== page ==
Nick_3536
31-Dec-2007, 12:17
I think you've got it a bit backward.

The 5x8 is a one off basically. A small market item.

The 8x10 is more off the shelf.

It makes sense the 5x8 costs closer to the 8x10. The same way 4x10 cameras often cost closer to an 8x10 then the size might indicate.

Dave Parker
31-Dec-2007, 12:20
It all comes down to supply and demand, the demand on 5x7 is much lower than 4x5, if your going to make all three formats, you factor in the amount of profit you can make then apply to the cost of manufacture as well as return on your investment and apply that to the number of units you will guesstimate you will sell, then take a look at the existing market and what is selling and come up with a price. Also, the cost of a bellows for a 5x7 is larger than the cost for a set of 4x5 bellows...but most of all, it is what the market will bear!

Dave

davidb
31-Dec-2007, 12:25
Chamonix 5x8 on ebay with holders. (http://cgi.ebay.com/New-5x8in-view-camera-with-2-holders-made-by-Chamonix_W0QQitemZ120157425145QQihZ002QQcategoryZ15248QQssPageNameZWDVWQQrdZ1QQcmdZViewItem)

Let's see if it sells.

Michael Graves
31-Dec-2007, 12:26
I've always wanted a 5x7.

The Chamonix 4x5 is such a great little camera that I would love
to buy their 5x8 if it had a 5x7 back. But at $2300, I just won't do it
especially since their 8x10 is only $100 more (or something like that).

So, if the Chamonix 4x5 costs $700, why can't the 5x8 be $1500 ?

If it was $1500 ($100 more than the Shen-Hao FCL57-A (http://www.shen-hao.com/E57512.html)) I would buy it
and I suspect it would sell as well "here" as the 45N-1.

I wouldn't spend a hundred bucks more. I've seen the Shen Hao and it is a beautifully crafted piece of equipment. I can't see needing anything more. Spend your money with the company that is willing to keep the price down.

Nick_3536
31-Dec-2007, 12:33
Chamonix 5x8 on ebay with holders. (http://cgi.ebay.com/New-5x8in-view-camera-with-2-holders-made-by-Chamonix_W0QQitemZ120157425145QQihZ002QQcategoryZ15248QQssPageNameZWDVWQQrdZ1QQcmdZViewItem)

Let's see if it sells.

If it doesn't they'll relist it. :p Isn't that how they run their shop on Ebay?

Lets see if they sell so many they come out with a whole 5x8 line.

davidb
31-Dec-2007, 12:35
From the above mentioned auction

"Up for auction is a new original creating 5x8 wooden view camera made by Chamonix,absolutely real beauty & pretty looking ,stongly lightly and compactly,very good rapid field large format camera."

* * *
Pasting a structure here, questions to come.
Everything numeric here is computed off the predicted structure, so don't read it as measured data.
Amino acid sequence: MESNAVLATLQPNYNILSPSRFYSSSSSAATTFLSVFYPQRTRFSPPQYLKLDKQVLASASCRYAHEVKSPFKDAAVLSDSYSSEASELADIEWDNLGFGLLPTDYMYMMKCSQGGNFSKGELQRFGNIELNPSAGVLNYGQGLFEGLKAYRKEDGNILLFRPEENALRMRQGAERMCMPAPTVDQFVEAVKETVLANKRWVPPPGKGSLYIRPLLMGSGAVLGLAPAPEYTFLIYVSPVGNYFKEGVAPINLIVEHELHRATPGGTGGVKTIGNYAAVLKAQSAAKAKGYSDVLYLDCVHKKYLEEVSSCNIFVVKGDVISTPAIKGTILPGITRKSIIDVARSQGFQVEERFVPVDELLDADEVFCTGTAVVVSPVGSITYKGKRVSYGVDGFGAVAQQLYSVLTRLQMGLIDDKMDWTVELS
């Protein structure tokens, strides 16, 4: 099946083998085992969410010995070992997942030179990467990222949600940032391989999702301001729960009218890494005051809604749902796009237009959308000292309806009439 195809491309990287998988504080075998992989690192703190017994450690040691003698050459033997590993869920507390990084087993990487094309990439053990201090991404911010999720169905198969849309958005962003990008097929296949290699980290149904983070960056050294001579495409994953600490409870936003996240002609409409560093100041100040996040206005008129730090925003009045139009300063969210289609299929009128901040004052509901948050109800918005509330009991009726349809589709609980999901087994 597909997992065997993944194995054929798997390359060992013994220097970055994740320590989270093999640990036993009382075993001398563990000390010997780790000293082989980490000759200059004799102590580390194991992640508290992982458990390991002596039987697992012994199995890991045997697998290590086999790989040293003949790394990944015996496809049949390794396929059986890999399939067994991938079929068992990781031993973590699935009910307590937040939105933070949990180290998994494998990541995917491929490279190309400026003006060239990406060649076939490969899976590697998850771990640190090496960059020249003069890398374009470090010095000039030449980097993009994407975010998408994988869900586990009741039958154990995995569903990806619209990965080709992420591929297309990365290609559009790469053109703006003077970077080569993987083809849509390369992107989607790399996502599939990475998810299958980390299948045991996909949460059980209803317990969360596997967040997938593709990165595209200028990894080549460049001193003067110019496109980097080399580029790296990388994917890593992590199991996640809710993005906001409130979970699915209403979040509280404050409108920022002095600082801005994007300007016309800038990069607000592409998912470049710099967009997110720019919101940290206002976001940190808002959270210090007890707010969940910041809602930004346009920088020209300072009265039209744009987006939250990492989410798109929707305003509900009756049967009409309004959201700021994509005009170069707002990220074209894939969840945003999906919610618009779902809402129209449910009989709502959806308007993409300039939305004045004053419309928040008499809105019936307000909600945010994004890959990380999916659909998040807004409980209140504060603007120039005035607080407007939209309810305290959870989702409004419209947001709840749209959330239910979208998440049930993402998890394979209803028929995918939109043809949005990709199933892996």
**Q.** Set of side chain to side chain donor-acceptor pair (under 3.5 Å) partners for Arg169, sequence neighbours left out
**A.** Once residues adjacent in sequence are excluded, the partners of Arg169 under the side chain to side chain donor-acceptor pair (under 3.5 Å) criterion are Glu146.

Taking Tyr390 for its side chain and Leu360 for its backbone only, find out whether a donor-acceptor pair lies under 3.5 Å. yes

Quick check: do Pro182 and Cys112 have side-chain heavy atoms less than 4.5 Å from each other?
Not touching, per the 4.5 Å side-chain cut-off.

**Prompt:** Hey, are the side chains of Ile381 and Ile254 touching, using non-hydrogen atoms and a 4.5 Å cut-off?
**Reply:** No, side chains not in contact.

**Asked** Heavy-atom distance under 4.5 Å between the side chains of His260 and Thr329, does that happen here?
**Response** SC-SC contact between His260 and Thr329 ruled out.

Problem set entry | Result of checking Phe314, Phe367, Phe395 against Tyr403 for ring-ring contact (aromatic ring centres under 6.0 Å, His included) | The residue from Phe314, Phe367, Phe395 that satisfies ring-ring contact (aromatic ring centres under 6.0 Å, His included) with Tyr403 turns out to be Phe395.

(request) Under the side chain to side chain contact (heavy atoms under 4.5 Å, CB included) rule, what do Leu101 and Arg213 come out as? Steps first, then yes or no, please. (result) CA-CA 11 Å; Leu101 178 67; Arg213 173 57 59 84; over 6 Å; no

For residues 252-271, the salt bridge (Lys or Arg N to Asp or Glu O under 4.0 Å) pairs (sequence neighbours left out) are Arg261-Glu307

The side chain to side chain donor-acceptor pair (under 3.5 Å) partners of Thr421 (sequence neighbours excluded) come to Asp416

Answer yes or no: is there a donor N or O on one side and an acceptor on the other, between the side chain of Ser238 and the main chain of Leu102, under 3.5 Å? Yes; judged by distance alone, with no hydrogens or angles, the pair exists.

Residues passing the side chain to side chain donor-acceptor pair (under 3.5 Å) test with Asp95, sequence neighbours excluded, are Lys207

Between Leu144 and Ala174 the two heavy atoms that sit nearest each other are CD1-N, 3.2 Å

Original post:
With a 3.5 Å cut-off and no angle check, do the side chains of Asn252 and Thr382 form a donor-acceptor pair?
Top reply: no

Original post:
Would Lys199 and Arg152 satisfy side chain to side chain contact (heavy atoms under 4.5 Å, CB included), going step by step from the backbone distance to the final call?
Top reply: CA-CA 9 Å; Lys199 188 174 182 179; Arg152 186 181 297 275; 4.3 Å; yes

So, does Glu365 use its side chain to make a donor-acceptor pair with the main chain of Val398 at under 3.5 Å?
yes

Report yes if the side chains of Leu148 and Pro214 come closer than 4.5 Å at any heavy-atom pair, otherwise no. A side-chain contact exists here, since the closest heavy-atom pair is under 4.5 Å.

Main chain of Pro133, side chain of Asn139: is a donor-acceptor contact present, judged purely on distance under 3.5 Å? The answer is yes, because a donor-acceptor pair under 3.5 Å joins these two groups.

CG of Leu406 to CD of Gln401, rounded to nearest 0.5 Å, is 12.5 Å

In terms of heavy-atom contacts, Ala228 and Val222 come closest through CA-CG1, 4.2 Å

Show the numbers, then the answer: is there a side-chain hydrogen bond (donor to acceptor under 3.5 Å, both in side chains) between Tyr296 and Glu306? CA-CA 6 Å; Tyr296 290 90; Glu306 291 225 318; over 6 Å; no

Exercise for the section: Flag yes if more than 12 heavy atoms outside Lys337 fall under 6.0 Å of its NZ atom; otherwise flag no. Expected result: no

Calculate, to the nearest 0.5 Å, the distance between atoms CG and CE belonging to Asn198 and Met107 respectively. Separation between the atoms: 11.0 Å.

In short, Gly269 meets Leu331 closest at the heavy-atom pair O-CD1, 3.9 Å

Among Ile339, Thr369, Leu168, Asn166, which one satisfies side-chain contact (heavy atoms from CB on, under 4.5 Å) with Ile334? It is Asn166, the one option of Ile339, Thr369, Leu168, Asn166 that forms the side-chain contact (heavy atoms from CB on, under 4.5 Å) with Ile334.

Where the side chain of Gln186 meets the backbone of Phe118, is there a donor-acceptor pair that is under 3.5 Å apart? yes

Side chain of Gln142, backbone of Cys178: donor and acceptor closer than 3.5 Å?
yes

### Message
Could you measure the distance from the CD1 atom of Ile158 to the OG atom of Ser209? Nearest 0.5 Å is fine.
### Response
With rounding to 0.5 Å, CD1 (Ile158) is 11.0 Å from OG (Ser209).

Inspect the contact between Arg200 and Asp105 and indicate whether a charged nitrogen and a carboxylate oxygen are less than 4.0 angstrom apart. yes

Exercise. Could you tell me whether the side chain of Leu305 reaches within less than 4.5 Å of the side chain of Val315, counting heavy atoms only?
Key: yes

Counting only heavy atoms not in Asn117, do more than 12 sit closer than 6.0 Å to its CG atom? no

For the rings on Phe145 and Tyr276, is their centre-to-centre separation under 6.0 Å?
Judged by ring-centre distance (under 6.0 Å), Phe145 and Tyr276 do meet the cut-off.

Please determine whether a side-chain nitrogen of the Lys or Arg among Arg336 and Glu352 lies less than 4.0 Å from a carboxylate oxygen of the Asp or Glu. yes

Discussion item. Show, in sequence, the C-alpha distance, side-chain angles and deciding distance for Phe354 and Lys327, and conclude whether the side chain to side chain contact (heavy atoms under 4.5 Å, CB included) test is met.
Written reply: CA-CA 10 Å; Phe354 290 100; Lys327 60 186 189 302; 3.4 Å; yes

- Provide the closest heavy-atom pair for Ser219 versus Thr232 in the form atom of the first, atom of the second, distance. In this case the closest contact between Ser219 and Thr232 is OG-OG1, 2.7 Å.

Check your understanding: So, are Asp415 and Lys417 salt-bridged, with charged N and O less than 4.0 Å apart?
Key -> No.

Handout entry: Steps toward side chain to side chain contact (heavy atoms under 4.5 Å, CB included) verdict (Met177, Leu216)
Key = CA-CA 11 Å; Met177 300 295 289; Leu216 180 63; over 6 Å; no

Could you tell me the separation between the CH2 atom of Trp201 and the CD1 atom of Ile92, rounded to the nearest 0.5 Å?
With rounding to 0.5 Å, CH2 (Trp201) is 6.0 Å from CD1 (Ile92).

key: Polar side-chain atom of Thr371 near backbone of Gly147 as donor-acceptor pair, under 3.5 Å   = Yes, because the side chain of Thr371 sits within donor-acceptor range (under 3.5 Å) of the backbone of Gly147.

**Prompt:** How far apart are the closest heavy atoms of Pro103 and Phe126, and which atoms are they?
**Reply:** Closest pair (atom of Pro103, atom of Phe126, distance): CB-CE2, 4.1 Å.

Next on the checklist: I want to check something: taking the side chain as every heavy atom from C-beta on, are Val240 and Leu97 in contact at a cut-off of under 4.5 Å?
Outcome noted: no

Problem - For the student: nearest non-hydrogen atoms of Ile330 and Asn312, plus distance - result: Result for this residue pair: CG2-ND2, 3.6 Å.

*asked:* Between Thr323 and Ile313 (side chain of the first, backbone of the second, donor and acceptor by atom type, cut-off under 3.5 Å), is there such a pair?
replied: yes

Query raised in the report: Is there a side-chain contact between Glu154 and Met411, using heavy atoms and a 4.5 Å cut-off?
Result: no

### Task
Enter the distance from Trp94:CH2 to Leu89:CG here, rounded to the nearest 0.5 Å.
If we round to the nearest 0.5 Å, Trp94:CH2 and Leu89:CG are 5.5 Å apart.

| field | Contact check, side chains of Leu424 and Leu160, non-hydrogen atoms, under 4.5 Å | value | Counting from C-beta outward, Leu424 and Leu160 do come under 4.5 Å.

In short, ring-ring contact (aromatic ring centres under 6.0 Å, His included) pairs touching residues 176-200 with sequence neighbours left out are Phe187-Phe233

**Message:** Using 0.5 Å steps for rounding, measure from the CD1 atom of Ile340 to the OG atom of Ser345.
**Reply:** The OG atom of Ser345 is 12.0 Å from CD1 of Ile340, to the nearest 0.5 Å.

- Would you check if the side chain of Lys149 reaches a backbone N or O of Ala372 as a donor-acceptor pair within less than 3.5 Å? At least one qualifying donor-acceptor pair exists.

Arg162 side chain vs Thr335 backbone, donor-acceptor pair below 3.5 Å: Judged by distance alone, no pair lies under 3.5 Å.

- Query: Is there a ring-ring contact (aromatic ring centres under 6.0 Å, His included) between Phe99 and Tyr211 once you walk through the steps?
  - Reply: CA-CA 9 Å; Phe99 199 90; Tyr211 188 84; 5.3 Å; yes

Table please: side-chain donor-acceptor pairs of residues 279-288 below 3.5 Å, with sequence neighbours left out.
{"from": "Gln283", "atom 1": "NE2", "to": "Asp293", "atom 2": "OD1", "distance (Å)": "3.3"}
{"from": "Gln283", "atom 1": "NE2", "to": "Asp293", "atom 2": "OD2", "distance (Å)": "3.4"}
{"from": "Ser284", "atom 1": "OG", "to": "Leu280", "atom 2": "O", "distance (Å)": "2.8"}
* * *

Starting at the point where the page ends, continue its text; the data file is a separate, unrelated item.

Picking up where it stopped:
rippo
31-Dec-2007, 12:39
those using formats larger than 4x5 tend to have deeper pockets (at least for camera equipment, if not in general). so they'll get charged more. if you're willing to deal with the hassle and cost of whole plate or even 8x10 as compared to 4x5 when it comes to film selection etc, then you're also more likely to be the sort of person to drop $5k on a large format camera. you are an Enthu$iast.

nobody much brags about a 4x5. however anything bigger has a certain snob appeal. you can see it on this site even, although it's usually kept veiled. "i only shoot 8x10 and larger", that sort of thing. or "it's no good unless you can contact-print with it", or "you just don't get the same highlight glow with anything smaller than 8x10" etc. it's a bit like owning a Lotus or Maibach...it does you no good if you can't talk about it.

those who are willing to pay for the bragging rights are charged accordingly.

but also what others have said, namely design and production costs being much more significant than the actual material cost of the camera. which is a good thing, otherwise we'd all be selling fine art prints for $1 each.

Rafael Garcia
31-Dec-2007, 14:01
Rippo:

I beg to disagree with you. I started in 5x7 because I found a $300.00 used outfit. Not having to use an enlarger was a second factor in going larger than 4x5. It is the opposite of what you say: the investment costs of 5x7 are lower for starting out, and not really much higher going on if you make your own stuff. I made my 5x7 enlarger, eventually, and spent around $150.00 including lenses to do it. Nowdays I shoot both 4x5 and 5x7 because I can enlarge 4x5 with my homebuilt. To shoot 4x5 I made a back for my camera, I didn't buy a new one.

Yes, there is snobbism amongst us. It has more to do with the conversation between professionals who use the best equipment because their livelyhood hangs in the balance, and amateurs who aspire to such equipment without needing it. Those are the ones that will buy to impress, themselves, and others. Format size has little to do with it. It's brand names they flaunt.

I am quite happy with my old cameras. They do all I need them to do. And yes, I vastly prefer 5x7 to 4x5. It is a much better negative. I don't have deep pockets, but I make do with what I have. It did not cost me more than a 4x5 setup.